This Tuesday is another event in a year-long series of weekly conversations and exhibits in 2010 shedding light on examples of Plausible Artworlds.
This week we’ll be talking with Jeremy Beaudry from the anomalously named “Think Tank that has yet to be named”, a sort of roving creative public policy institute that initiates site-specific conversations, performative actions, and educational projects questioning contemporary urban issues wherever they happen to crop up. Specifically, the group is concerned with how artists and their creative practices so often end up embroiled in urban (re)development strategies, gentrification and the general homogenization of urban space.
Since its inception in 2006, the Think Tank’s permanently open-ended denomination draws particular attention each time it is enunciated to the perils and pitfalls of name giving — above all naming’s inherent tendency to a assign a fixed identity, something any would-be plausible artworld must be wary of. Naming is a powerful political act when it makes a previously unauthorized body appear; yet perhaps only “as-yet-to-be-naming” can perpetuate this political potential over time. As Jeremy Beaudry, Director of the Dept for the Investigation of Meaning, explains,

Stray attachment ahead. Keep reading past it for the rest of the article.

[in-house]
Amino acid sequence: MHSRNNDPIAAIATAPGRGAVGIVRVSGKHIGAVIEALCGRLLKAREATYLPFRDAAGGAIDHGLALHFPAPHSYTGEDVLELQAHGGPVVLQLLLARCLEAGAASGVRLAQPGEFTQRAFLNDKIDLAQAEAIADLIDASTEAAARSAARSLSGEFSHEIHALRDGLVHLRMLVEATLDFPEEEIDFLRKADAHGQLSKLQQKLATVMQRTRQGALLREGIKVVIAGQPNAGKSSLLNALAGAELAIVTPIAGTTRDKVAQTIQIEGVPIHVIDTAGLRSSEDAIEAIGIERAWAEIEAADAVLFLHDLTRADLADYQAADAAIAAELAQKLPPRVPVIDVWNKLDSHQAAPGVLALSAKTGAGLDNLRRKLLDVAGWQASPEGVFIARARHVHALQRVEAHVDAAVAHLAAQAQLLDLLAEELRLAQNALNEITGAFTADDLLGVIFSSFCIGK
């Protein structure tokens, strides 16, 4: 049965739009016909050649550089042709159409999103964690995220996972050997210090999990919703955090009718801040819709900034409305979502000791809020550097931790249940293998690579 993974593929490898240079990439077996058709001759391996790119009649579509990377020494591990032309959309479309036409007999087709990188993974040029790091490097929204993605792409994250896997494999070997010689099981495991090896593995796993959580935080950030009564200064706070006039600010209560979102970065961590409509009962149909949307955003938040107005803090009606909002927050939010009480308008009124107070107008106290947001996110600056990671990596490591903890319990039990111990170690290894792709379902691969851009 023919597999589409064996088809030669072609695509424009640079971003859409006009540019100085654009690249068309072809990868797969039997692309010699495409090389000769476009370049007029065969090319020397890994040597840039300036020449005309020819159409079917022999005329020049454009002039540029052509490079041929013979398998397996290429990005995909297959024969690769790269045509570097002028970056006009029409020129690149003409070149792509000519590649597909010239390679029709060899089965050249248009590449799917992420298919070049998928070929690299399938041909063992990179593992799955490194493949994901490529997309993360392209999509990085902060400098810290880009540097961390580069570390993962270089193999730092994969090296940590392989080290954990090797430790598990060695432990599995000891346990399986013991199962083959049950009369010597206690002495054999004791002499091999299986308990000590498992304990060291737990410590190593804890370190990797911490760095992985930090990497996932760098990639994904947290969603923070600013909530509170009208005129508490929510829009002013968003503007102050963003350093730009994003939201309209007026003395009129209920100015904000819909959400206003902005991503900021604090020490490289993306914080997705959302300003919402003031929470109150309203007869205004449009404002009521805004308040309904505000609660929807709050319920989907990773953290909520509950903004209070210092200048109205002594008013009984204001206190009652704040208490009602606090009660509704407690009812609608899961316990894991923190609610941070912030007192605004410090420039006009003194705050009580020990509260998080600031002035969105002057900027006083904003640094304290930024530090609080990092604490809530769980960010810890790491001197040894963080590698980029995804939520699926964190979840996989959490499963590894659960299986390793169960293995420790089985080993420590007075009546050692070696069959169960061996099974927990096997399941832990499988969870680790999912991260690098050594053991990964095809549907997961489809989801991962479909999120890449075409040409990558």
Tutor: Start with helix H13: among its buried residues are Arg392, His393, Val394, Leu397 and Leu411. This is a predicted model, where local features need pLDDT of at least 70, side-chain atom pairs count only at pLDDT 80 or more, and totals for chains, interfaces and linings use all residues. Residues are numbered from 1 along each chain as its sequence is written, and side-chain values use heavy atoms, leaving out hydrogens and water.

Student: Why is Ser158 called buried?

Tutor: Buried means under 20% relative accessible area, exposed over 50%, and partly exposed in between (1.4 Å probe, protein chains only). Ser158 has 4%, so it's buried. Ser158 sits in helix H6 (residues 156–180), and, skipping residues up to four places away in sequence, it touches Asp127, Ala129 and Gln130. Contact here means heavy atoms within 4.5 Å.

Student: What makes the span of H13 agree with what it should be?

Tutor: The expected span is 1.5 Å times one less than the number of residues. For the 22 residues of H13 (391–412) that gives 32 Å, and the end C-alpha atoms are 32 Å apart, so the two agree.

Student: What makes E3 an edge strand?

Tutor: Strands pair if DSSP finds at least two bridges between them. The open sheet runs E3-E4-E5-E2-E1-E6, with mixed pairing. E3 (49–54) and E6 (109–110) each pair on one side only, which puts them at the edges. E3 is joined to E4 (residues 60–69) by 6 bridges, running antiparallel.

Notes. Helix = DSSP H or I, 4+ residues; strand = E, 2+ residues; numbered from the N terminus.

the Think Tank is comprised of several Departments, each led by a single Director. There can be no Department without a Director, and there can be no Director without a Department. Directors are both autonomous agents and cooperative collaborators. In this respect, the Think Tank has no members, only directors. The declaration of a directorship in a Department amounts to a statement of that individual’s bias and agenda. Nothing is more offensive to the Think Tank than the pretense of neutrality.
The list of names of the Think Tank’s Departments (past and present) wryly makes the point: